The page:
New Resins for Digital Indirect Bonding of Brackets | Case Study
Digital indirect bonding is here to stay! Orthodontists are revisiting indirect bonding granted that more software platforms are offering this service and more clinics have a desktop 3D printer in their office. Integration of digital technology in particular 3D printing (additive manufacturing) in the daily practice of orthodontics, as well as digital dentistry in dental practices, introduces changes in patient experience in orthodontic practices. The ability to print the IDB trays in-office allows a quicker start of treatment by eliminating the tray shipping time. Digital orthodontics includes protocols and approaches to use digital technology in the practice of orthodontics. All the digital workflows can be done at the office or outsourced to a lab.
This is a short report comparing KeyOrtho IBT resin and IDB 2.0 SprintRay resin for 3D printing workflow of an indirect bonding tray. These trays were fabricated using 3D printing materials chairside.
The new indirect bonding resin (IDB resin 2.0) from SprintRay was redesigned to improve the following issues with the original IDB resin.
- Flexibility of the tray
- Tear of the tray
- Smell of the resin
- Print time
- Clarity of the tray
- Optimization of printing with support structures
- Printing detail structure of a tray (sharp edges)
This is a report on indirect bonding of KLOWEN brackets with IDB digital trays generated using the OrthoSelect software – a digital orthodontic bracket placement program. IDB trays were printed on the SprintRay Pro 55. We used SprintRay IDB 2.0 trays on the right side and KeyOrtho IBT trays on the left side of the mouth. This is an observational report with an intention to provide insights on two fairly new products on the market within the limitation of a case report study.
3d printing indirect bonding trays
Trays were printed at 100 microns using a SprintRay 55 printer. Print time was 25-30 mins with both resins – including the 4mm supports. We were interested in the impact of support by the design software on these trays. Alternatively, one can 3D print these bracket transfer trays flat on the build platform. SprintRay is a DLP printer. Formlab 3D printers offer a similar option with their library of resins.
One can alternatively print dental models and fabricate conventional indirect bonding trays from an intraoral scan stl file. This approach requires a silicon material to separate the adhesive on the bracket mesh to the 3D model.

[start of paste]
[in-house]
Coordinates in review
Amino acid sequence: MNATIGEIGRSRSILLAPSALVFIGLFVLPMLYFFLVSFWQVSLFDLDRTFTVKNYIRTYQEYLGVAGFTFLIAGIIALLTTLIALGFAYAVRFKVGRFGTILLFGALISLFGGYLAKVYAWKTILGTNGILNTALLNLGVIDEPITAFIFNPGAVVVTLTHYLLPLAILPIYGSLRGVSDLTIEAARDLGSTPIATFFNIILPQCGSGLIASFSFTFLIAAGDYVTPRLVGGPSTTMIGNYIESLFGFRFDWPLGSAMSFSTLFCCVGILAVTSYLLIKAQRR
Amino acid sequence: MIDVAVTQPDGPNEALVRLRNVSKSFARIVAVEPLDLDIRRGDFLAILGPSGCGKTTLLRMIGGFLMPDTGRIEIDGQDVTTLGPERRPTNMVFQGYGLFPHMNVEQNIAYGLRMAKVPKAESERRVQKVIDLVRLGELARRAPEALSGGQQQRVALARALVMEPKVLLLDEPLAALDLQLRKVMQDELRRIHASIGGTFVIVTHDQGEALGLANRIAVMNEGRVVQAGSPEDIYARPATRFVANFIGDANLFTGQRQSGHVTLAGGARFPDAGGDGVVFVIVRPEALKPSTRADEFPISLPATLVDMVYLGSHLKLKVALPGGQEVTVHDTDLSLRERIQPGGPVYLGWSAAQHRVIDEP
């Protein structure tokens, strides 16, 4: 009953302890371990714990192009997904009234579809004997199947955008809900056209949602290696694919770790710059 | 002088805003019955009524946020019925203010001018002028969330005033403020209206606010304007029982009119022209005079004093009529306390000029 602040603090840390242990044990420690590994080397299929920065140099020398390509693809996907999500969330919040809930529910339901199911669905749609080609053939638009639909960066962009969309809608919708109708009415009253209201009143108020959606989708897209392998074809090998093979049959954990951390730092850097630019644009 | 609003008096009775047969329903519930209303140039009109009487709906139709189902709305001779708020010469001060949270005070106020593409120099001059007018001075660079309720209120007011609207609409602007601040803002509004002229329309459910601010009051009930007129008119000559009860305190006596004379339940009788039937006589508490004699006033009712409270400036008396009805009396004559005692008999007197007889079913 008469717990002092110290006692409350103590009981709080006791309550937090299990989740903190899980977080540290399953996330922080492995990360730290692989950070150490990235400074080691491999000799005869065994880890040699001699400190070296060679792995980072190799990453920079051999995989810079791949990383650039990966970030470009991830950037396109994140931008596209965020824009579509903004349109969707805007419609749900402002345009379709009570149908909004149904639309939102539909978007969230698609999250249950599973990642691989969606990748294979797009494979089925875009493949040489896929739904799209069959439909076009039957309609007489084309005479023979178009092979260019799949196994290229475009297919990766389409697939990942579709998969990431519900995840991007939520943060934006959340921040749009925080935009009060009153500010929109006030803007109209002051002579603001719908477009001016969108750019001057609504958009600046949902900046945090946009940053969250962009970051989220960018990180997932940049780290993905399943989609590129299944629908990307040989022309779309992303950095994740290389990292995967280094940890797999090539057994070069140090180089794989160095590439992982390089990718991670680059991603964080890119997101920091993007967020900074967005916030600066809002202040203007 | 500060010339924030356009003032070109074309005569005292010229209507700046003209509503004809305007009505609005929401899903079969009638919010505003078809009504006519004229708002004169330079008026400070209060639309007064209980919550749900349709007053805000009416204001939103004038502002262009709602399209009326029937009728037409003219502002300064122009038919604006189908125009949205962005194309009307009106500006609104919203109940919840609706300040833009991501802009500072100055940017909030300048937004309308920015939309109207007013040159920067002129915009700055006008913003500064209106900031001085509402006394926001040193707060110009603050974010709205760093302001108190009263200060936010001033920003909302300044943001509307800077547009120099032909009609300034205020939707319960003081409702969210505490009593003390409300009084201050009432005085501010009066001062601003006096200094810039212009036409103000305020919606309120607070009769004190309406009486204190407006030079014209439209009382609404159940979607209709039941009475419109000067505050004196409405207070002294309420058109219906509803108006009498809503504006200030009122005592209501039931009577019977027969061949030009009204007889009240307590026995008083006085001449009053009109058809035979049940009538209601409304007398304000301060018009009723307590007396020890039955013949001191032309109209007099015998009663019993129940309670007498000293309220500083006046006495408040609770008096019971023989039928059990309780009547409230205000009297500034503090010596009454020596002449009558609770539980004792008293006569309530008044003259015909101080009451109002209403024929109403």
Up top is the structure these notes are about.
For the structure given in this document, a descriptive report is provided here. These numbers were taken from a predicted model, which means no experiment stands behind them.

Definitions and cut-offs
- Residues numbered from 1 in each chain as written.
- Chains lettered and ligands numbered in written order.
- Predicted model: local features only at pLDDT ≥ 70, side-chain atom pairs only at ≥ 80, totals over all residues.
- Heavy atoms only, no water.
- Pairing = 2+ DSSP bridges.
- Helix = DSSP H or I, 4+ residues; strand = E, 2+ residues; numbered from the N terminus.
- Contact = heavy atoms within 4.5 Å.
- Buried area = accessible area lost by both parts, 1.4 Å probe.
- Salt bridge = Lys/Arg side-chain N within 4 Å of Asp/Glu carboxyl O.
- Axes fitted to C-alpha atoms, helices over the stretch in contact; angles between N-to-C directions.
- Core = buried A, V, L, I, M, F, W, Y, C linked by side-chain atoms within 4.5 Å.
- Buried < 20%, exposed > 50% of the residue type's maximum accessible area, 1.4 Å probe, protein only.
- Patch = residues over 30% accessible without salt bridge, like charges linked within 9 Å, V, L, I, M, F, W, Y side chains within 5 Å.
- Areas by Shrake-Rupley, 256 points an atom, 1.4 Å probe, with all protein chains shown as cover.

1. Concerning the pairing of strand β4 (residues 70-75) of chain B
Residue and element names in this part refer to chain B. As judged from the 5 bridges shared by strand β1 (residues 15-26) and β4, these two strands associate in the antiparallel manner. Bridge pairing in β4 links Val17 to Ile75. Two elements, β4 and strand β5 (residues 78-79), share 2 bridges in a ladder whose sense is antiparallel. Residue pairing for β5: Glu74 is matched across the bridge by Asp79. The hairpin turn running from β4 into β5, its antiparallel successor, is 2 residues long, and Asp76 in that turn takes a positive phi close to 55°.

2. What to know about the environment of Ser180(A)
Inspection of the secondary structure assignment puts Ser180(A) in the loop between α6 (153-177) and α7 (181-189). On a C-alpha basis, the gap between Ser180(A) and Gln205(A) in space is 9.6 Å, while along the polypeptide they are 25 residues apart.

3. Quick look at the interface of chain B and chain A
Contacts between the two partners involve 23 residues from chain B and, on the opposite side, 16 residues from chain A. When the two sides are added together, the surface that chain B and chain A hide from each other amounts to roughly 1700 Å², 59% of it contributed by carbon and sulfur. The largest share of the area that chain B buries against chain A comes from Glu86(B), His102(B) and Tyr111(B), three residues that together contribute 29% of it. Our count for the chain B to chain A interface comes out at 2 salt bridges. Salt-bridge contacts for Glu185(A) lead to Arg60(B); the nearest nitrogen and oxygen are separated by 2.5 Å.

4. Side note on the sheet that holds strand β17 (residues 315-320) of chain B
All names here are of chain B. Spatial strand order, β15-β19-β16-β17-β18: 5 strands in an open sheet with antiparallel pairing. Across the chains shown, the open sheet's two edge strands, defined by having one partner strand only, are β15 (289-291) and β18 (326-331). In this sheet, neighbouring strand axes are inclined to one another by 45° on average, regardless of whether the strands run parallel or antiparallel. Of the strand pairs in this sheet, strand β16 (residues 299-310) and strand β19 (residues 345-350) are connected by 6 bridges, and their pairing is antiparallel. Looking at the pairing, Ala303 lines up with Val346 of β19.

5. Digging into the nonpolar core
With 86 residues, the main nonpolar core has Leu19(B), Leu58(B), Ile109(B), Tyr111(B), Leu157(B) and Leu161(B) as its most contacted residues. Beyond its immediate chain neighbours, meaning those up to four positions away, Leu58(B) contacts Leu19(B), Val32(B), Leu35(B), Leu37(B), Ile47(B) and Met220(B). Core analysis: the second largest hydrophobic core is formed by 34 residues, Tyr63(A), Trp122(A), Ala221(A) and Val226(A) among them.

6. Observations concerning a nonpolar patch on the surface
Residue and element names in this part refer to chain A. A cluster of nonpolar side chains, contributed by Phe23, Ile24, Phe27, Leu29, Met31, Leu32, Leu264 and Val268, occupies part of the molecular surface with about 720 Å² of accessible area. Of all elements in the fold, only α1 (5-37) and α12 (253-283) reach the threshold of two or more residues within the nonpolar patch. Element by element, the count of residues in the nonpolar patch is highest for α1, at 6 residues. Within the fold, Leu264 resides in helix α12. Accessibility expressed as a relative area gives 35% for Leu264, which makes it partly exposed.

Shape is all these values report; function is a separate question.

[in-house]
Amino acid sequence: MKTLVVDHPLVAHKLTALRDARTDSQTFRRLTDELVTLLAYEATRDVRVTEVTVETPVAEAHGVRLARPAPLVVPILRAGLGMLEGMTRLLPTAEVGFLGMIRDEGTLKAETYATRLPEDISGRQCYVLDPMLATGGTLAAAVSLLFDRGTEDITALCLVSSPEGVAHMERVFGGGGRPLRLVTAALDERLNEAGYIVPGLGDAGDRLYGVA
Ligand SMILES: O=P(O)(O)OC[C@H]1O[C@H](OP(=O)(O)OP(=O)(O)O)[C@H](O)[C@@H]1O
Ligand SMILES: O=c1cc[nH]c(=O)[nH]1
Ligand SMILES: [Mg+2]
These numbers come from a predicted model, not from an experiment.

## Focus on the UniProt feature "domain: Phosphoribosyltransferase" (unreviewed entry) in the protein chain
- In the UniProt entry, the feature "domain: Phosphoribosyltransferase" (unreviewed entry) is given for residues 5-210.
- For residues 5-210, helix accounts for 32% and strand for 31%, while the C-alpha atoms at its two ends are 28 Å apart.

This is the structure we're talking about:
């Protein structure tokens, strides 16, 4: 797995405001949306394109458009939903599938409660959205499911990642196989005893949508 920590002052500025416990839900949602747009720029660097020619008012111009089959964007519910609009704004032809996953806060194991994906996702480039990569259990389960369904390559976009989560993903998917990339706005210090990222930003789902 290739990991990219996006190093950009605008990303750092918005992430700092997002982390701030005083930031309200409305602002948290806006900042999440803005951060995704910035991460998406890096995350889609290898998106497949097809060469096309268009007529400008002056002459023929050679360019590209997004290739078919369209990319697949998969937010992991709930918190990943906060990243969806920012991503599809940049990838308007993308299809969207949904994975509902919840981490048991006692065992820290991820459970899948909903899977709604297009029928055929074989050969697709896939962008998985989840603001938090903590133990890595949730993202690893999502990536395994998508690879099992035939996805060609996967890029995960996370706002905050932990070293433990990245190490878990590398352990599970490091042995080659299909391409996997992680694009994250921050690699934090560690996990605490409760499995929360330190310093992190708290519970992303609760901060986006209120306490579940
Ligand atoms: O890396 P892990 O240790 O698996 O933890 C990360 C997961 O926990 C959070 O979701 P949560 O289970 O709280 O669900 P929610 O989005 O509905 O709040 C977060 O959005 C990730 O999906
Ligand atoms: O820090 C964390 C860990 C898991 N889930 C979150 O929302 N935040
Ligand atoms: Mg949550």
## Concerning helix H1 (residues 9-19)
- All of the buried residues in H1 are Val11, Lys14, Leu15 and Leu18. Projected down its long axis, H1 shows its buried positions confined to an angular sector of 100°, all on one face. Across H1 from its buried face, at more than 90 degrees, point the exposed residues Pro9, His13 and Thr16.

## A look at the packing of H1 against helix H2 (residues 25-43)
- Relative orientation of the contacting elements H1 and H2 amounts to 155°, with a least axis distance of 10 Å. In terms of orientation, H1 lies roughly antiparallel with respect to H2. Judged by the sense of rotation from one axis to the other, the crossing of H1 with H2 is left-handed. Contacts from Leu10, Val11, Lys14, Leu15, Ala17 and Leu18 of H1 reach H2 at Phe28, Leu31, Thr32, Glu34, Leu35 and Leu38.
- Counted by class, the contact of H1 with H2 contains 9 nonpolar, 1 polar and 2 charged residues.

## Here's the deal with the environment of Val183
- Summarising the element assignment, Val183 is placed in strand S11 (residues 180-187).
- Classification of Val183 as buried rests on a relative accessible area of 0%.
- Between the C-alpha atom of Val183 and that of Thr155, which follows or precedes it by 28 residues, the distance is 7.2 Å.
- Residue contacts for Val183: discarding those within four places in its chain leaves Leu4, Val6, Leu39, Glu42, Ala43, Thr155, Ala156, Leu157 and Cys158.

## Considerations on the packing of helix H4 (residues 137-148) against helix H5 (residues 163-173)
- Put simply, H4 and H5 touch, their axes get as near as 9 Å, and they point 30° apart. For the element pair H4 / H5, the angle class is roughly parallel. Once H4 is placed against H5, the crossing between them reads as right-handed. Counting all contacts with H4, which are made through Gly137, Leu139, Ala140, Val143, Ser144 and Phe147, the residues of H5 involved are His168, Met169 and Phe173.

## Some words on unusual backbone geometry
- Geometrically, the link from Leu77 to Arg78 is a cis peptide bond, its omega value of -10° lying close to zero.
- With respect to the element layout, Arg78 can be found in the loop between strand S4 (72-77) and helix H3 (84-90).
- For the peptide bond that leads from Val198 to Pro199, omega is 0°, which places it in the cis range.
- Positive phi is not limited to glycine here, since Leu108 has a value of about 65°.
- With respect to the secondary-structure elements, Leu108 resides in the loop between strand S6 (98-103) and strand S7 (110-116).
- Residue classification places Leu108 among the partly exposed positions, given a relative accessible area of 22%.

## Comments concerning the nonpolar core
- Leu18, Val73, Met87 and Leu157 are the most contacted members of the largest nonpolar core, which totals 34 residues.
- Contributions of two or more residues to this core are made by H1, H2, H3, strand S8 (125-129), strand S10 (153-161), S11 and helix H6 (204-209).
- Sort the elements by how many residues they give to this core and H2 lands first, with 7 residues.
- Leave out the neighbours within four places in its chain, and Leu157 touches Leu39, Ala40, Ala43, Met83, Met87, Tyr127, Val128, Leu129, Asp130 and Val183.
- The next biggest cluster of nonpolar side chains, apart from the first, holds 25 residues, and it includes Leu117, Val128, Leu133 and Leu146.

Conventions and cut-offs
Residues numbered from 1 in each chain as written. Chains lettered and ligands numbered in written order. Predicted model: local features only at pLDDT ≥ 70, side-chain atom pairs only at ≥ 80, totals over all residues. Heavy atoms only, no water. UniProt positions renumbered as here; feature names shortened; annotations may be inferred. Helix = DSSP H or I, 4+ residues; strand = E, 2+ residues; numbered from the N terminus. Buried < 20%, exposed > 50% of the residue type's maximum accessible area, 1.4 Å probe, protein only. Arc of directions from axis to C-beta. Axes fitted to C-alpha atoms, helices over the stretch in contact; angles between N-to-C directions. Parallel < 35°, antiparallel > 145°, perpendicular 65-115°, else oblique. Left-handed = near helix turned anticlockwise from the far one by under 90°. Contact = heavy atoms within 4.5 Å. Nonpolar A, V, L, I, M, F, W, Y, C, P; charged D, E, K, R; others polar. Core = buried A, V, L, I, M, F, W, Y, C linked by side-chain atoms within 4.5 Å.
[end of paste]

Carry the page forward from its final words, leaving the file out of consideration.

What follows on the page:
Post printing wash and dry
We followed our conventional post-processing to
IDB 2.0 resin was easier to remove with 99% IPA. One cycle of wash (9 mins in a wash and dry unit) was adequate to clean IDB 2.0 trays.
Trays printed with KeyOrtho IBT were washed for two cycles of 9 mins in the wash and dry unit. We followed the manufacture’s instructions to eliminate all the glossy spots of liquid resins*.*
Note that the KeyOrtho IBT resin is more viscous at room temp compared to IDB 2.0 resin.
Post printing cure
IDB 2.0 trays were cured for 45 mins at 50 degrees based on the manufacturer protocol. KeyOrtho IBT trays were cured 5 mins per side (total of 10 mins) at 50 degrees.
Brackets were placed in the trays at the clinic. Both trays printed with IDB 2.0 and KeyOrtho IBT had a similar great grip of the brackets. The KeyOrtho IBT trays are stiffer than IDB 2.0 trays. They were easily removed with no bonding failure after they were heated for 2-3 mins using a tooth dryer.
What are the differences between resin used in digital indirect bonding and resin for other technologies?
IDB resins requirements a medical device FDA approval. Trays 3D printed by these resins needs to be biocompatible since it will be in contact with intraoral tissue.
IDB 2.0 or KeyOrtho IBT are both great resins to use for the in-office IDB tray fabrication. The wash and dry is slightly easier for IDB 2.0 and the cure time is shorter for the KeyOrtho IBT. IDB 2.0 printed trays are more translucent than IDB 1.0 and KeyOrtho IBT; this could positively impact the efficiency of curing adhesive materials. Removal of both trays did not result in bond failure for this patient. Similar observational evaluation of these resins is required to validate the predictability of success with indirect bonding with trays using these two resins.